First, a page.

Time Period: 1808 to 1918 (may continue into Republic period).

Contents: Birth registers: child’s given name; registration date and place, birth date; father’s name, age, occupation, and residence; mother’s maiden name and age; names, ages, occupations, and residences of godparents. Marriage registers: marriage date and place; names, ages, occupations, and residences of bride and groom; parents of bride and groom; usually also birthplaces of bride and groom; sometimes birth dates; names, ages, occupations, and residences of witnesses. Marriage supplements: [dówody, alegata, aneksy, or dokumenty do akt maenstw] documents which support various facts in the marriage registers, such as the birth certificates for the groom or bride, death certificates of a parent or former spouse, etc. Death registers: date and place of registration of death, death date and place, name of deceased, age at death; often includes parents, spouse, surviving children; sometimes birthplace; names, ages, occupations, and residences of witnesses.

Location: Civil transcripts of the Duchy of Warsaw and the Russian Kingdom of Poland are in state provincial archives. Recent records (less than 100 years) are in local vital records offices [Urzd Stanu Cywilnego].

Population Coverage: In the former Russian territory, civil transcripts recorded about 95% of the population.

Reliability: Very good.[1]

Civil Transcripts of Church Records in the former Prussian Territories
[Kirchenbuchduplikate]

Research Use: Prussian civil transcripts are a primary source for birth, marriage, and death information and lineage-linking data. They are particularly valuable since so many of the original church records have been lost or destroyed in this area of Poland.

Record Type: Transcripts of birth, marriage, and death records prepared by church clergy. Prussia gained a sizeable portion of Poland in the Polish partitions until the settlement of the Napoleonic wars in 1815 reduced Prussia’s share of Poland. Church registration of births, marriages, and deaths was mandatory by Prussian law from the time of the partitions. From 1794 church records were considered as both public and legal documents. Clergy were required to make exact records of births, marriages, and deaths. For civil purposes the Prussian government required transcripts [duplicates] of the church record which were to be sent to local courts. In 1808 the practice was reinforced and expanded. In accordance with this law, Mennonites, Jews, and others who did not keep christening registers had their births, deaths, and marriages recorded by the Lutheran minister. These records were kept in German, Latin, and sometimes Polish. The practice of civil transcripts was replaced by actual civil registration in 1874.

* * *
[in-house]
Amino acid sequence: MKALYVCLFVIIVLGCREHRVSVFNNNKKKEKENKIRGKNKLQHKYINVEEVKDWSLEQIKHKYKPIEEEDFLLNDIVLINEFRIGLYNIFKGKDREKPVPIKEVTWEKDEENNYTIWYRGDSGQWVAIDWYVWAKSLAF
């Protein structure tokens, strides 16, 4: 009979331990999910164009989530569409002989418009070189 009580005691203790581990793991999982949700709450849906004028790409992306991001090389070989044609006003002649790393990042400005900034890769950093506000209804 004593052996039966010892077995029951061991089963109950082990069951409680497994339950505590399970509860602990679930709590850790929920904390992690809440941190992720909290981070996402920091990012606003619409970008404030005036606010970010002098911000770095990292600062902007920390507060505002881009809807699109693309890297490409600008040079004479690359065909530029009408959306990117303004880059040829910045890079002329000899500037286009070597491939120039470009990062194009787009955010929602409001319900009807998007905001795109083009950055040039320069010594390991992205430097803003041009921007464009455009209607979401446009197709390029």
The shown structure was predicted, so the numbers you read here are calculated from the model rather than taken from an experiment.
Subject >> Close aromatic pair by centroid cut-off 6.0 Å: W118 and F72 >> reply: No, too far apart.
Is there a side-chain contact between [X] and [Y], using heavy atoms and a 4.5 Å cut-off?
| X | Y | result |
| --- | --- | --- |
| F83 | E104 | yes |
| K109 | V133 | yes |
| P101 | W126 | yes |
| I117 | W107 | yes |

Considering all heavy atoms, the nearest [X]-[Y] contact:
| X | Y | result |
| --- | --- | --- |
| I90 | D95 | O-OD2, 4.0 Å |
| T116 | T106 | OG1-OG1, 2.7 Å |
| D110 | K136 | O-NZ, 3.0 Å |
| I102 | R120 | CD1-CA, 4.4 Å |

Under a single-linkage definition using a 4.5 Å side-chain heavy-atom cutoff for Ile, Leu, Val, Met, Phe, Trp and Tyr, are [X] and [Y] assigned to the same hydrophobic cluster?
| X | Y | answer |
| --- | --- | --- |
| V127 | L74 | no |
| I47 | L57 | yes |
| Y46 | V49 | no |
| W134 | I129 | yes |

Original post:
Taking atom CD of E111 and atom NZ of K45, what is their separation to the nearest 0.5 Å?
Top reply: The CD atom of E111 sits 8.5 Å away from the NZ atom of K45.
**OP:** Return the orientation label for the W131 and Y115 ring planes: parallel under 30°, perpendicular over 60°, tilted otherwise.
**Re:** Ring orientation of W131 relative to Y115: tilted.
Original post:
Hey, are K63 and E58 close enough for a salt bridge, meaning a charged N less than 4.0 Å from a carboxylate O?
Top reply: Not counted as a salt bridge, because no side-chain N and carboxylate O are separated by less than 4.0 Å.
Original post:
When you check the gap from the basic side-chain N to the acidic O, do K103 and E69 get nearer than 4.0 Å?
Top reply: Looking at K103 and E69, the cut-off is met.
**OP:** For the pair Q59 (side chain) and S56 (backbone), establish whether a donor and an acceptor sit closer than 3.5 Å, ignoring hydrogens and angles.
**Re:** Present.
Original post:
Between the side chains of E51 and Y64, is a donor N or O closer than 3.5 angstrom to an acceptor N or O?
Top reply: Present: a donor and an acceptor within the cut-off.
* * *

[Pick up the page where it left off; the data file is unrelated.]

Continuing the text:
Time Period: 1794 to 1874.

Contents: Birth records: child’s given name; date and place of birth; father’s name, occupation and residence; mother’s maiden name; names of godparents. Marriage records: marriage date and place; names, ages, and residences of bride and groom; parents of bride and groom; sometimes also birth places of bride and groom; names of witnesses. Death records: name of deceased, date and place of death and burial, age at death, cause of death; often includes names of parents, spouse, and surviving children.

Location: Prussian civil transcripts are in state provincial archives. Recent records of less than 100 years are often in local vital records offices [Urzd Stanu Cywilnego]. Some records are in state archives in the Federal Republic of Germany.

Population Coverage: In the former Prussian area, civil transcripts cover 70 to 80% of the population, but minority religions, especially Jews, were likely to be less thoroughly registered.

Reliability: Very good.[1]

Information Recorded in Church Registers

The information recorded in church books varies over time. The later records generally give more complete information than the earlier ones. The most important church records for genealogical research are christening, marriage, and burial registers. Some church books include confirmation records. Catholic records were generally kept in Latin, Protestant records in German, Orthodox records in Russian. Greek Catholic (Uniate) records were kept in Latin, Ukrainian, or sometimes Polish. Local dialects may have affected the spelling of some names and other words in the church records. Minority groups such as Mennonites, Baptists, Presbyterians, Methodists, Orthodox Schismatics, Independents, and others often did not keep church registers unless required by law. Their birth, marriage, and death records would be with those of recognized churches, such as the Catholic or Lutheran Church, until they had to prepare their own transcripts of vital records. 

Records of Birth and Baptism